BEAM Mitchell Environment Group leaders have called for more transparency from state forestry body VicForests over concerns about planned logging in Tallarook State Forest.
The group believes logging at coupes in the forest could begin as soon as April, but president Peter Lockyer said VicForests had not been forthcoming with information about its operations.
He said the group had scheduled a video meeting with VicForests in November but the forestry body cancelled the meeting and had not rescheduled.
Mr Lockyer described the information on VicForests’ website as confusing, incomplete and sometimes contradictory.
“We have a range of concerns, and a response of ‘here, go find the answers on our websites’ is lazy and draws into question the integrity of their process,” he said.
“The website references have contradictions and the information portal is not easy to navigate.
“If VicForests were to be straight and answer our questions, now two months old, we may have some reassurance that they actually want to engage with stakeholders.”
Mr Lockyer said separate letters from former state Minister for Agriculture Jaclyn Symes and VicForests said there would be no logging in the Tallarook State Forest during this financial year, but that VicForests’ online information portal indicated logging would start at three coupes in the area in April.
“They contradict each other, and obviously one of them is wrong, so we’re suspicious,” he said.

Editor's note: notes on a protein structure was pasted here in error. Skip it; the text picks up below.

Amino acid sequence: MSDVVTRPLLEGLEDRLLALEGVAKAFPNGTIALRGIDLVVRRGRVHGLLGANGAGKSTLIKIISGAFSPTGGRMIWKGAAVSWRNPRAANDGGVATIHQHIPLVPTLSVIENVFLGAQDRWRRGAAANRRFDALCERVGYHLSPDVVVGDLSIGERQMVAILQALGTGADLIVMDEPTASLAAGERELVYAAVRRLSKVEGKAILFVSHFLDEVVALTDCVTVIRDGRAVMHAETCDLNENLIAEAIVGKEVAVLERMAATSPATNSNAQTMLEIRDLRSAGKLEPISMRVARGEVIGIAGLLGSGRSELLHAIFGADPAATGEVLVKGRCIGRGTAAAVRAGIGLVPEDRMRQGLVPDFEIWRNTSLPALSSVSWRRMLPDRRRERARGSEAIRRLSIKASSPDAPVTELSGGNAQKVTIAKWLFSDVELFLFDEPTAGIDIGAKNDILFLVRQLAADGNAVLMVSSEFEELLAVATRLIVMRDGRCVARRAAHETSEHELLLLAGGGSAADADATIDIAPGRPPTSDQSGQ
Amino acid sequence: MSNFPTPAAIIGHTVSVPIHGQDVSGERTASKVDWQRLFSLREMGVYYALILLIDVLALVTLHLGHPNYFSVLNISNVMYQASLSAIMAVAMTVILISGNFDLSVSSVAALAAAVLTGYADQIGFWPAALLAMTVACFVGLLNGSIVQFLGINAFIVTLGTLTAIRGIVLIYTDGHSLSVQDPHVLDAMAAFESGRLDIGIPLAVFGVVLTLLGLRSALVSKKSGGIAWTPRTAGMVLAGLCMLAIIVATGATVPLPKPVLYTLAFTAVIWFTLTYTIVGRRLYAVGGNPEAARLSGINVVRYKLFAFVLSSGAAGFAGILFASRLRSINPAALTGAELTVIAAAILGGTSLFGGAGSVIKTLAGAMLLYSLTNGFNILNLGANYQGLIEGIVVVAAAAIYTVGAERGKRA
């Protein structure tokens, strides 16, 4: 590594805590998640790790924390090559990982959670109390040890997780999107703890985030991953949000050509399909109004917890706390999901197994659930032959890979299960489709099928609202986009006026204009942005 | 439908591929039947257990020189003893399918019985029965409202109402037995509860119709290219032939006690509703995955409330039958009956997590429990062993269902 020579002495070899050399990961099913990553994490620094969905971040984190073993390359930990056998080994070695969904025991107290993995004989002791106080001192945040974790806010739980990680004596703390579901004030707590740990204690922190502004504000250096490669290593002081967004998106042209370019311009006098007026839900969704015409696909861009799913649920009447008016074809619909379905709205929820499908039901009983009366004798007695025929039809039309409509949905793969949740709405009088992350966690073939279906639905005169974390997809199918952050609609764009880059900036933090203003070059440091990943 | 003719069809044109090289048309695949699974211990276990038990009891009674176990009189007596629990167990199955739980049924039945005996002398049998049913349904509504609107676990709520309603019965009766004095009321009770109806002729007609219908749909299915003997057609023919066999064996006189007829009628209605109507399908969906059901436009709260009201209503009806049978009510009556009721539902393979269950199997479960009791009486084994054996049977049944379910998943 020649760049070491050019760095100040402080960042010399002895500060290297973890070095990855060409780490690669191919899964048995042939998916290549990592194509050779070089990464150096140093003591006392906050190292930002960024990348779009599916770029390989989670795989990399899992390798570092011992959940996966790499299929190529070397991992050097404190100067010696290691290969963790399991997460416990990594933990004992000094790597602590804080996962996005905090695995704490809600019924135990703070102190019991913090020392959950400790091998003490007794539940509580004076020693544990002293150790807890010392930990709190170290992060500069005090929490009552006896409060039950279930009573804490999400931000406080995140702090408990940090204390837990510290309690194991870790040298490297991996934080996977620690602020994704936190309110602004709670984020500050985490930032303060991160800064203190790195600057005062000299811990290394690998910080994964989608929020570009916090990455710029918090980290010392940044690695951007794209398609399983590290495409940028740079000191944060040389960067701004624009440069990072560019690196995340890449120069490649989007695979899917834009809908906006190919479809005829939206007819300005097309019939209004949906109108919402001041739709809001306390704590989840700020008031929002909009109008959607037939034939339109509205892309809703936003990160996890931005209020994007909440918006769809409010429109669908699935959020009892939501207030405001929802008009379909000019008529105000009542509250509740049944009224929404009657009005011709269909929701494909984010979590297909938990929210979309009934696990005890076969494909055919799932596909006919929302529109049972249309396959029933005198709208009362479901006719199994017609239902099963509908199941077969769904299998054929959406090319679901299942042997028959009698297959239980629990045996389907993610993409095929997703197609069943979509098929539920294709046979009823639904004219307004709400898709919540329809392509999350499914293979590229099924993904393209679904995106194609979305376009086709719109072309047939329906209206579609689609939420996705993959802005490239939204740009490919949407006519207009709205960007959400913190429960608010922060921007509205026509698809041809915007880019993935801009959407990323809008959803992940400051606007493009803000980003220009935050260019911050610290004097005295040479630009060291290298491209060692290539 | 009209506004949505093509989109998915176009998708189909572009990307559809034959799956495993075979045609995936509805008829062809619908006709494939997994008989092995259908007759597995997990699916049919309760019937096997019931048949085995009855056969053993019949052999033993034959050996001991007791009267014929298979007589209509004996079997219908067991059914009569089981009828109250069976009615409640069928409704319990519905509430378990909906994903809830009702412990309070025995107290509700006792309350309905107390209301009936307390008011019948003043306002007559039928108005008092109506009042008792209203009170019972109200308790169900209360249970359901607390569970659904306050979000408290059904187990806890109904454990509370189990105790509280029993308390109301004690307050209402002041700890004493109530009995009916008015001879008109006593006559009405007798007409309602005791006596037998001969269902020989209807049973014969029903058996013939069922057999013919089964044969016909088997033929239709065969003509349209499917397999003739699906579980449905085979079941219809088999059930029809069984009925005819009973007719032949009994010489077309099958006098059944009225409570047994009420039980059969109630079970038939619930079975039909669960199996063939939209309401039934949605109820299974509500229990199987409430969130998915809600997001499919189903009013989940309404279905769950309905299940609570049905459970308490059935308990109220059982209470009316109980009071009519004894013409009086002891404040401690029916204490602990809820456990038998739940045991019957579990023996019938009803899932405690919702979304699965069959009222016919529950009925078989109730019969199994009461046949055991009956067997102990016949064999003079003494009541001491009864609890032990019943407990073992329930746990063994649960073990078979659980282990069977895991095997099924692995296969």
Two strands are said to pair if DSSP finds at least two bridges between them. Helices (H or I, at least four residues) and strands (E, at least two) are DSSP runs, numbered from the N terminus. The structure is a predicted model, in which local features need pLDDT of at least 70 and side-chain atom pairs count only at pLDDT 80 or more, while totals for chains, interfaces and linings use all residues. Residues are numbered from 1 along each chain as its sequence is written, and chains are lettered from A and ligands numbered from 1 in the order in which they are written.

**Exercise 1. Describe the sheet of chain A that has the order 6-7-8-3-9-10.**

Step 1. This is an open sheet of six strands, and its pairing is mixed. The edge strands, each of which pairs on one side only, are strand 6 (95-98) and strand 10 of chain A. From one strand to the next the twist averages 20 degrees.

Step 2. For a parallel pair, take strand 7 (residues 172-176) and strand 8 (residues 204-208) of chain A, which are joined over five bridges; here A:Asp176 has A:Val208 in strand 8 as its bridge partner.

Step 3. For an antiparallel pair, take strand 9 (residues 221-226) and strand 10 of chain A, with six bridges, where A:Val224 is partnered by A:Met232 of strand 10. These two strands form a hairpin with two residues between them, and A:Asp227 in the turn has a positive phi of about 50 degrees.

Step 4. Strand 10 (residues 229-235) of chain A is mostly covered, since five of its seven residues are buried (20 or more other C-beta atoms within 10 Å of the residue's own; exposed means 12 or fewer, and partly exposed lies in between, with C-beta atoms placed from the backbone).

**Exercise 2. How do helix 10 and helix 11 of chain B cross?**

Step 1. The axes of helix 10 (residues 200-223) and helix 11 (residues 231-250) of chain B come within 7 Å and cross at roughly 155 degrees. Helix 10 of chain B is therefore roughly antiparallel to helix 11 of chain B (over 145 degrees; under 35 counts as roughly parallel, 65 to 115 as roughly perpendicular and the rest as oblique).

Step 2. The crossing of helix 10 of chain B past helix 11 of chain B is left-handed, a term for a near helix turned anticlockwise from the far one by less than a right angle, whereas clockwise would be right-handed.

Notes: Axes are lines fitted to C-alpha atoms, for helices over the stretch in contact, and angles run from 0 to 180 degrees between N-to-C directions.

A VicForests spokesperson said the organisation regularly engaged with stakeholders about planned harvesting operations and still intended to have a formal meeting with BEAM.
“VicForests is committed to ongoing and constructive engagement with stakeholders consistent with the regulatory framework in which it operates,” he said.
“VicForests also thoroughly assesses all coupes prior to harvest and applies all buffers and exclusions required by regulation. In addition, VicForests excludes high value habitat trees from harvesting as a contribution to the maintenance of habitat for priority species.”
Mr Lockyer said environmental groups were concerned about the effects logging in Tallarook State Forest would have on greater gliders and other native flora and fauna.
He said citizen surveys indicated the presence of the threatened species in the Tallarook forest, but that VicForests’ survey data was incomplete.
“We’re still doing our surveys and finding greater gliders and we’re engaging others to help with the survey of flora,” he said.
“As citizen scientists it’s pretty onerous, and it would be better all-round if we could work with VicForests and piggyback off their studies.”
Mr Lockyer said logging at Tallarook would be a short-sighted move.
“There’s not a lot of big trees in the Tallarook forest, so what we’re looking at primarily – probably, but we don’t know because [VicForests] haven’t shared which coupes will be logged in which way – is clear-fell logging,” he said.
“That means most of that forest will go for woodchips, and you just think in this day and age, when species are being threatened by climate change, we’re in the wrong century if it’s ending up as woodchips.”
Mr Lockyer said BEAM would fight to save the forest.
“We had a meeting with a representative group from Strathbogie who had worked for five years with their council to get Minister Lily D’Ambriosi to put an interim protection agreement in place to protect the forest,” he said.
“In due course after a lot of politics and surveying, that forest will be reclassified. That’s where we want to go.”